Nailed Donna Lee going at 180 bpm and rising.
    Got any more recommendations of some cool study pieces?

    • scott

      Teen Town lol! ;)))… I’m having a Jaco month ;)

  • 456sixstringbass

    wow man,i just don’t know where to begin,but love this stuff,i’ll keep trying

  • Arjan

    Hey Scott, I am very, very, very curious as to how you get that nice rich, deep tone. The real Jaco-tone! Is te secret in your bass, strings, amp, besides the technique ofcourse?

    • scott

      Mmmm… not sure man… I just set everything pretty much flat… it’s an active bass too – but I do back off the tone a little. Glad you like it man! Scott ;)

  • rommel

    Thanks Scott i like this piece, and i want to learn the whole thing

  • felipe

    this is the best site I’ve ever seen in my life!!
    but my computer for some reason cant open the PDF file /:
    i still love this site and i am really greatful for your teachings (:

    • scott

      Hey Felipe… try opening it through a different browser… firefox/chrome/safari etc… sometimes that does the trick! ;))) Scott

  • Ryan

    Hi Scott. This piece has really inspired me thanks. Did you start recording the bass directly? It seems that I can hear it clearer and I think it was a good move to play on the regular ole’ 4 banger for simplicity’s sake. Are these observations correct?

  • Tak

    Thanks for this great lesson, Scott. I do need the tab and notation. I cannot find it on your website. Please let me know where to find and print it. Thanks so much.

  • http://www.dokandgal.com Richard Washington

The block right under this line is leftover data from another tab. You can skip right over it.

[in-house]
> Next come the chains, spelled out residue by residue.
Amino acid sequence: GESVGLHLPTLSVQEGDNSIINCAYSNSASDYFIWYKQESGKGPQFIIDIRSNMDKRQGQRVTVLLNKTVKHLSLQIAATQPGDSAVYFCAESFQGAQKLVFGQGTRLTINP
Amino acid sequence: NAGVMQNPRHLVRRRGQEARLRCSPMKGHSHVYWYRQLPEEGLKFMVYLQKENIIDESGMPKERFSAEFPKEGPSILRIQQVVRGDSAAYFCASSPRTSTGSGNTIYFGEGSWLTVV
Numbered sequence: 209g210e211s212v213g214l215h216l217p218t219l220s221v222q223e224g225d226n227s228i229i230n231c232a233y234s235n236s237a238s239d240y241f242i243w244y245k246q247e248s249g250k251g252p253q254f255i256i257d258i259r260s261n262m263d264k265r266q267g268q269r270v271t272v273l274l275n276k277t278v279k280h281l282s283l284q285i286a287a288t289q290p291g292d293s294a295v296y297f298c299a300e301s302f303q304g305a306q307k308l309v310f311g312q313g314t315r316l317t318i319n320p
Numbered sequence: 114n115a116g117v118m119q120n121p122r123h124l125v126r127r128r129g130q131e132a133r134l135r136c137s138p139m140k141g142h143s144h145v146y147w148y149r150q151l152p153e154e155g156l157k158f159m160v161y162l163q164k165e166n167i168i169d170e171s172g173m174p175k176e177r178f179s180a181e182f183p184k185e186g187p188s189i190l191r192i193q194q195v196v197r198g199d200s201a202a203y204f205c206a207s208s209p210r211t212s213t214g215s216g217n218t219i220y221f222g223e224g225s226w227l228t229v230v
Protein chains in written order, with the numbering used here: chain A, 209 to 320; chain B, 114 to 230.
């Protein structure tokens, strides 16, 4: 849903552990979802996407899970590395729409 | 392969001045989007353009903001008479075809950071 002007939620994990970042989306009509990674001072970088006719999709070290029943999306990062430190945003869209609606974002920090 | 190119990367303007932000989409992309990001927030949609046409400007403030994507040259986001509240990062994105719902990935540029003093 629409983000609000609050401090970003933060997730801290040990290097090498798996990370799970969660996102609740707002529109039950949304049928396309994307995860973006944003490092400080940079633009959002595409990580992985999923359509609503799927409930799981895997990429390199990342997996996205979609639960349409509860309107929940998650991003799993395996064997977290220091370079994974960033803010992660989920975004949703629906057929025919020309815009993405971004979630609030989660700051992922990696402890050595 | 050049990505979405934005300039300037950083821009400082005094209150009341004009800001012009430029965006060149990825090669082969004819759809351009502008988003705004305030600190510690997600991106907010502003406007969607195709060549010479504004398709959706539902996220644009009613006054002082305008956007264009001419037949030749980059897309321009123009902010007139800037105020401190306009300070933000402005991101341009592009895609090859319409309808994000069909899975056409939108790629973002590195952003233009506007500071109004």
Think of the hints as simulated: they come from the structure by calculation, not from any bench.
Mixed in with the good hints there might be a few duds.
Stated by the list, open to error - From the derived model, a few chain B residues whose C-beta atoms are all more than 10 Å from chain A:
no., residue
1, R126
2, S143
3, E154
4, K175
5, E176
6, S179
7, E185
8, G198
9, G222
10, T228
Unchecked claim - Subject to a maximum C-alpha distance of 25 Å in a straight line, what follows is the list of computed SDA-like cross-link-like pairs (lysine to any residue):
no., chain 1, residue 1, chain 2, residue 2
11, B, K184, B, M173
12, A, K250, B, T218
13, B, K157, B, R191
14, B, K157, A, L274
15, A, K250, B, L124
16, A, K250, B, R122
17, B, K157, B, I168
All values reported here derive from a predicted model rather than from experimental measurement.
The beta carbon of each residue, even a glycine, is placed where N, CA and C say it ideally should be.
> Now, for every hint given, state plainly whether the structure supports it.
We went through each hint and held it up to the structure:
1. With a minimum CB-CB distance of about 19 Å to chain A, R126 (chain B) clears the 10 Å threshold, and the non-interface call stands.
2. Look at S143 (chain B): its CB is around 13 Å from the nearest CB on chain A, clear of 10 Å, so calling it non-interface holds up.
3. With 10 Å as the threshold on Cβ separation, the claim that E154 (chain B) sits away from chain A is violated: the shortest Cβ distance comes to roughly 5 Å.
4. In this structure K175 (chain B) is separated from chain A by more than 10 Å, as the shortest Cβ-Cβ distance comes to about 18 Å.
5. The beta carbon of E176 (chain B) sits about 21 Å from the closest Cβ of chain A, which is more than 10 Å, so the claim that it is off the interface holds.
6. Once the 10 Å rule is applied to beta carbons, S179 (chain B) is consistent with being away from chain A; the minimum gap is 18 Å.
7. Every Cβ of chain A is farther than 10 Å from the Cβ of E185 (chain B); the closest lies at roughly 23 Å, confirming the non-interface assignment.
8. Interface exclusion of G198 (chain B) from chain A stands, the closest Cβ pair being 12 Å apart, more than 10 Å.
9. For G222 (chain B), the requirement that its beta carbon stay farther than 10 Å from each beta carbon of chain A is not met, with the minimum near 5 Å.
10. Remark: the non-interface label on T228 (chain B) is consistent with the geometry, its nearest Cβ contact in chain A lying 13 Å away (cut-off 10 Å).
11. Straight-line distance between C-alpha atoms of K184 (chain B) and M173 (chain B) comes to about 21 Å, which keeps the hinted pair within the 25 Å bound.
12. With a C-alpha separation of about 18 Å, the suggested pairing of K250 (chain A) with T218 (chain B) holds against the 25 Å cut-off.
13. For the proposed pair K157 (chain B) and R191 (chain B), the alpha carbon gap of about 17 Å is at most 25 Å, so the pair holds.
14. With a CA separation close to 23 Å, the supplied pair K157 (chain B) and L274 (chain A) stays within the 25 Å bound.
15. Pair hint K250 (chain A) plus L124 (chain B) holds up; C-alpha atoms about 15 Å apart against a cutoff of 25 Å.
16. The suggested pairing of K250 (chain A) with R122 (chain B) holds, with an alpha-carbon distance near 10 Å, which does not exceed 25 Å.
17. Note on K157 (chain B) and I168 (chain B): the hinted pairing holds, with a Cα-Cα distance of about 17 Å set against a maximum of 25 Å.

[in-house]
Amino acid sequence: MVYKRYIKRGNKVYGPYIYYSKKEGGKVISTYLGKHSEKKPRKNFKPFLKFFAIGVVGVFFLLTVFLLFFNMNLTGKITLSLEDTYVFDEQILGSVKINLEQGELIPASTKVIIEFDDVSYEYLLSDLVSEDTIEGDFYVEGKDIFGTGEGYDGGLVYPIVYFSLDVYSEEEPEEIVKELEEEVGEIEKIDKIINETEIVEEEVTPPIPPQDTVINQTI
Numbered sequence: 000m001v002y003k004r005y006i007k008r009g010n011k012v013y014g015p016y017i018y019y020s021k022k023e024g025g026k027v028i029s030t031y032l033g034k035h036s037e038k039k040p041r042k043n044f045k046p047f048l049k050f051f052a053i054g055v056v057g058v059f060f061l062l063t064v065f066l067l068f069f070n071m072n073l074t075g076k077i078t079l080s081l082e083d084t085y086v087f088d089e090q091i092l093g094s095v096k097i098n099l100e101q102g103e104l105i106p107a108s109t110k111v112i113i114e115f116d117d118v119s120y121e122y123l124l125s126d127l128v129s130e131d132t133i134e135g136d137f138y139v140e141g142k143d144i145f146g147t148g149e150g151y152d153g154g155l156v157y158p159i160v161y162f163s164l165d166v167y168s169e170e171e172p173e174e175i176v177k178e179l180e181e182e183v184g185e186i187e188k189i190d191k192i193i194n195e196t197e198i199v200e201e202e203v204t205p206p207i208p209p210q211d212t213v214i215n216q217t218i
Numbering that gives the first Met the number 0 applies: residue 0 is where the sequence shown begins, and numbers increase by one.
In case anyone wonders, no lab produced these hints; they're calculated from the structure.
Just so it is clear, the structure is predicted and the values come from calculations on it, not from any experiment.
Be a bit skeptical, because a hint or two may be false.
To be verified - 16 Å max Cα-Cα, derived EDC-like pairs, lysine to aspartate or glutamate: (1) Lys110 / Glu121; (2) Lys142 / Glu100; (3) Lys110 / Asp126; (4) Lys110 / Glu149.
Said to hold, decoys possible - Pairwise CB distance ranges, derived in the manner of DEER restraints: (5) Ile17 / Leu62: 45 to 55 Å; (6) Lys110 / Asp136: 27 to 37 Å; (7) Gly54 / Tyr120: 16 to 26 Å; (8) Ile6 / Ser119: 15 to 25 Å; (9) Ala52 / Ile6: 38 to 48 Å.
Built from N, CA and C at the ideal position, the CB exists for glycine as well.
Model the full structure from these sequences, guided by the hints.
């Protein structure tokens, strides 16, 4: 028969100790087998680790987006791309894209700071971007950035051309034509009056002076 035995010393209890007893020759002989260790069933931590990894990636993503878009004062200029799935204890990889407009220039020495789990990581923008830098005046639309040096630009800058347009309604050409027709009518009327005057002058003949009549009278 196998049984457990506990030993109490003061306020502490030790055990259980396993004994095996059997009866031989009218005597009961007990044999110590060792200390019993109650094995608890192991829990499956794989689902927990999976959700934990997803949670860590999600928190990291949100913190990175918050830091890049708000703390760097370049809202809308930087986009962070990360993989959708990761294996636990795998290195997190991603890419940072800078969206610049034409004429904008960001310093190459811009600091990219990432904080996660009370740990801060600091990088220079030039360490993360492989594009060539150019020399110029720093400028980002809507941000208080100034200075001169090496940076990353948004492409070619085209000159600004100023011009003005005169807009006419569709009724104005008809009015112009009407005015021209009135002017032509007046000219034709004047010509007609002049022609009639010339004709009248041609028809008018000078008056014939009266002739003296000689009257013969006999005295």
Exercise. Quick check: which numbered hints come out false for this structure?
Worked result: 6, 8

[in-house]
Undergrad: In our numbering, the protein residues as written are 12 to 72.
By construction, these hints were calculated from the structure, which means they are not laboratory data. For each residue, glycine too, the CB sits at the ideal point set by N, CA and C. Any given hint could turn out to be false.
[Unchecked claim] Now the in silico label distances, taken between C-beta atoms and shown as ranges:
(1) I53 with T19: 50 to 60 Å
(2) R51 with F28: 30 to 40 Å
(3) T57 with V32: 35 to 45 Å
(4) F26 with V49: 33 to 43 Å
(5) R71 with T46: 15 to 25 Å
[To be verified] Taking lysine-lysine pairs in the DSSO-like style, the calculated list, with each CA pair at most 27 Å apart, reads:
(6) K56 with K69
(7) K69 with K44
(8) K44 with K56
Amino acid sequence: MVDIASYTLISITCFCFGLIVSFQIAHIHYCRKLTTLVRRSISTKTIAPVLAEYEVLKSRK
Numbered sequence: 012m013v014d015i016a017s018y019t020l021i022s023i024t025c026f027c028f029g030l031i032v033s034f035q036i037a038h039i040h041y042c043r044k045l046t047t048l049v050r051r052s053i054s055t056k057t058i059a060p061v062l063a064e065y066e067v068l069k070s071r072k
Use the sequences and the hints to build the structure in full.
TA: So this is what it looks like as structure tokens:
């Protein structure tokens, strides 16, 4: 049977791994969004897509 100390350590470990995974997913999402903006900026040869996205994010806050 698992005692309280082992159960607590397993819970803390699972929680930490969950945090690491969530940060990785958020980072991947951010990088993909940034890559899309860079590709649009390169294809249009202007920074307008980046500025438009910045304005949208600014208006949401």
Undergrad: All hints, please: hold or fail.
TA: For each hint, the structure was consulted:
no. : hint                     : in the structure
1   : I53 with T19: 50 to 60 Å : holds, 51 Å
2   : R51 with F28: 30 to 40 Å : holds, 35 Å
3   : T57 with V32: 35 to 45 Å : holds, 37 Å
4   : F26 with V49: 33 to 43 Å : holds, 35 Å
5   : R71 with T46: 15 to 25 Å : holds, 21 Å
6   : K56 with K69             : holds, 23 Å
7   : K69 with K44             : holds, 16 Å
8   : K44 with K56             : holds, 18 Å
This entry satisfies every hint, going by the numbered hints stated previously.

Fantastic work man I have been trying to get lessons to do certain things I hear and you are the first one to finally give me wht i’VE BEEN TRYING TO GET. Will be sending money soon. thanks agan. Dok

  • Jordan B. Lombardo

    LOL @ BASSDUM.

    I always looked at Teen Town as a big “study piece”.. Like every bass player can learn from it. I’m gonna try Donna Lee after I learn Teen Town the rest of the way.

  • Tim E

    In line with the previous lesson, can you recommend some good slap study pieces?

  • Kuba

    http://en.wikipedia.org/wiki/Donna_Lee states, that Miles wrote it, although “authorship is often credited to saxophonist Charlie Parker”.

    BR

  • erwin

    Great stuff here Scott !

  • lallasman

    Awesome man ….tks!!

  • ross

    Hi Scott.
    In the video you mentioned that as well as tab/notation on your website you provide details on the exact fingering you use etc. I found the notation but nothing on correct fingering?

  • Josh

    Why, Scott, does everyone give such undue credit to Jaco for ‘revolutionizing the role of bass’. He wrote great basslines, don’t get me wrong (my tune up song is Portrait of Tracy), but many came before him that pioneered the style who are given little credit. To list as few:

    -Ralphe Armstrong: auditioned for Weather Report before Jaco, ’71?, using a fretless P bass, and got the initial job because he played fretless and Jaco then copied him. Went on to play for Mahavishnu Orch. and Jean luc Ponty.

    -Percy Jones: started Brand X in late 1973, played mostly a P bass and early fretless Wal basses, used a very distinctive bass style utilizing harmonics, double and triple stop slides, and fretless technique.

    -Jeff Berlin: recorded alongside many early progressive rock and fusion bands, recorded with Patrick Moraz and Bill Bruford in the 1975-79 period. He often shows much distaste toward Jaco fans due to their constant comparison of his melodic playing style to Pastorius, developed before Jaco even became popular.

    I know it’s not a hipster contest when accrediting bassists, but it’s gone too far with Jaco fans.

  • Pedro

    Great lesson! nice approach to bebop. I would enjoy watching you improvise to this tune!
    can’t avoid asking what happened to the end of the tune???? i expected to hear you play it throughl! especially because the last few phrases are chromatically beautiful!

  • Julz

    Hi scott,

    I got the same question as pedro : where is the end of the theme? Why did you choice not to write it in the part?
    Another question : i’ve got the feeling that you don’t use the same fingers as written on the tab…
    Can you tell us why?

    thx !